Prince et al3 demonstrate shortcomings in vaccination uptake among prison staff that were associated with negative health outcomes among a highly vulnerable population of incarcerated people. Their findings call for a multilevel campaign to increase vaccination of prison staff and correspondingly decrease the spread of COVID-19. Ultimately, organizational leadership is necessary but insufficient for vaccination rollout because prisons are often siloed from critical public health infrastructure. Departments of health and related local government offices should take a more active and intentional role about releasing guidance and updates that specifically target carceral settings and integrate prison facility administrators into related planning. Long-standing biases hold that prisons are distinct from community settings or unworthy of attention. Yet prisons, and those who live and work in them, remain a critical element of our communities and key to ending the COVID-19 public health crisis.

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Article Information

Published: March 11, 2022. doi:10.1001/jamahealthforum.2022.0107

Open Access: This is an open access article distributed under the terms of the CC-BY License. © 2022 Meyer JP et al. JAMA Health Forum.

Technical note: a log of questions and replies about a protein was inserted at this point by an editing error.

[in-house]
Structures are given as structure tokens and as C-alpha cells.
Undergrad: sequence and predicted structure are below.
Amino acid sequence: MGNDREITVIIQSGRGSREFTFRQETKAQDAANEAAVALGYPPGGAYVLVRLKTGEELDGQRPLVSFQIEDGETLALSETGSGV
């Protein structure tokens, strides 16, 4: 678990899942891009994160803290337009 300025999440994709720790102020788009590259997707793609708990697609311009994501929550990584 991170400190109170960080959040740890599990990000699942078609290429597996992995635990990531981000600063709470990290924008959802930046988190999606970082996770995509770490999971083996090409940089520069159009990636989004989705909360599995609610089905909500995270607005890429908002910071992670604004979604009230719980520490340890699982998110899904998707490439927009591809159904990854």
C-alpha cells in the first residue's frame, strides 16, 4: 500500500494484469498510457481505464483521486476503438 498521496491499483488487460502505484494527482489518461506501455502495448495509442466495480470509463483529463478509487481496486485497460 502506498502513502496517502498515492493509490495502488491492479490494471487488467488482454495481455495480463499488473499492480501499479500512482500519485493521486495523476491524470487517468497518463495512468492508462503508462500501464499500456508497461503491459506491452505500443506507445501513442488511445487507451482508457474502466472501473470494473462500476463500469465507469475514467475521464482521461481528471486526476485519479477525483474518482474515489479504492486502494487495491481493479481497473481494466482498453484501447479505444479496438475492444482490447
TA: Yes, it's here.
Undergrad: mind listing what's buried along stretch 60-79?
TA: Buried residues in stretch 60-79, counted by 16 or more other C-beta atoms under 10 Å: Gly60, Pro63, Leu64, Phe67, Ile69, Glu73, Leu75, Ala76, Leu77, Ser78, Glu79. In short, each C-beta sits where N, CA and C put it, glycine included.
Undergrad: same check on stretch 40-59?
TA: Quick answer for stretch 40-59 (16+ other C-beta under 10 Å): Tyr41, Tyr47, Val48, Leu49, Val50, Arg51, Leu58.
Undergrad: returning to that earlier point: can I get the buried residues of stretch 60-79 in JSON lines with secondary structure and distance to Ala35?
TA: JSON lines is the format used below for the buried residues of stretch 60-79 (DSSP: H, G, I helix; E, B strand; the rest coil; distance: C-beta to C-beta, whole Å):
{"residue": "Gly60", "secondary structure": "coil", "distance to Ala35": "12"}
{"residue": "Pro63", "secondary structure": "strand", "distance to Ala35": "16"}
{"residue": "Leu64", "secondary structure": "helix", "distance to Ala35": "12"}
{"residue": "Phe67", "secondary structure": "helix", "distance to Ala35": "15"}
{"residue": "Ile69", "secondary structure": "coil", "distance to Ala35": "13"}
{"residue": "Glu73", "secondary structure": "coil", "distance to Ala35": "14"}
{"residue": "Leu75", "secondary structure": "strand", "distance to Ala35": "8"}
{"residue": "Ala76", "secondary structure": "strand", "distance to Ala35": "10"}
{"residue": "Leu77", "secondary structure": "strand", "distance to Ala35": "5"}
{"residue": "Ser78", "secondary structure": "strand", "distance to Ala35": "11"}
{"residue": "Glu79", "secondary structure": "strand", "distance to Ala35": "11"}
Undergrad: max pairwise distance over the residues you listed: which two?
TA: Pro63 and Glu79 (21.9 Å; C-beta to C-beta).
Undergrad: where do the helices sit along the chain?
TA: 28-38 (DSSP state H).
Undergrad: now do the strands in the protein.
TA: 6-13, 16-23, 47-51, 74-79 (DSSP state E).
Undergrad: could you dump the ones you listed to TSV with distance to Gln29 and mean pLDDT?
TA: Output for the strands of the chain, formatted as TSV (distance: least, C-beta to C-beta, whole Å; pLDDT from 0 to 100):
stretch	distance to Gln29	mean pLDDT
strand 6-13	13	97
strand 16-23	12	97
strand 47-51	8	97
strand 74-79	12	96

Corresponding Author: Jaimie P. Meyer, MD, MS, AIDS Program, Section of Infectious Diseases, Yale University School of Medicine, 135 College St, Ste 323, New Haven, CT 06510 (jaimie.meyer@yale.edu).

Conflict of Interest Disclosures: Dr Meyer, Mr King, and Ms Rosenberg reported grants from the National Institutes of Health/National Institute on Drug Abuse (UG1 DA050072) as part of the RADx-UP initiative during the writing of this article.

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Ward  JA, Parish  K, DiLaura  G, Dolovich  S, Saloner  B.  COVID-19 cases among employees of U.S. federal and state prisons.   Am J Prev Med. 2021;60(6):840-844. doi:10.1016/j.amepre.2021.01.018PubMedGoogle ScholarCrossref
Prince  L, Long  E, Studdert  DM,  et al.  Uptake of COVID-19 vaccination among frontline workers in California state prisons.   JAMA Health Forum. 2022;3(3):e220099. doi:10.1001/jamahealthforum.2022.0099Google Scholar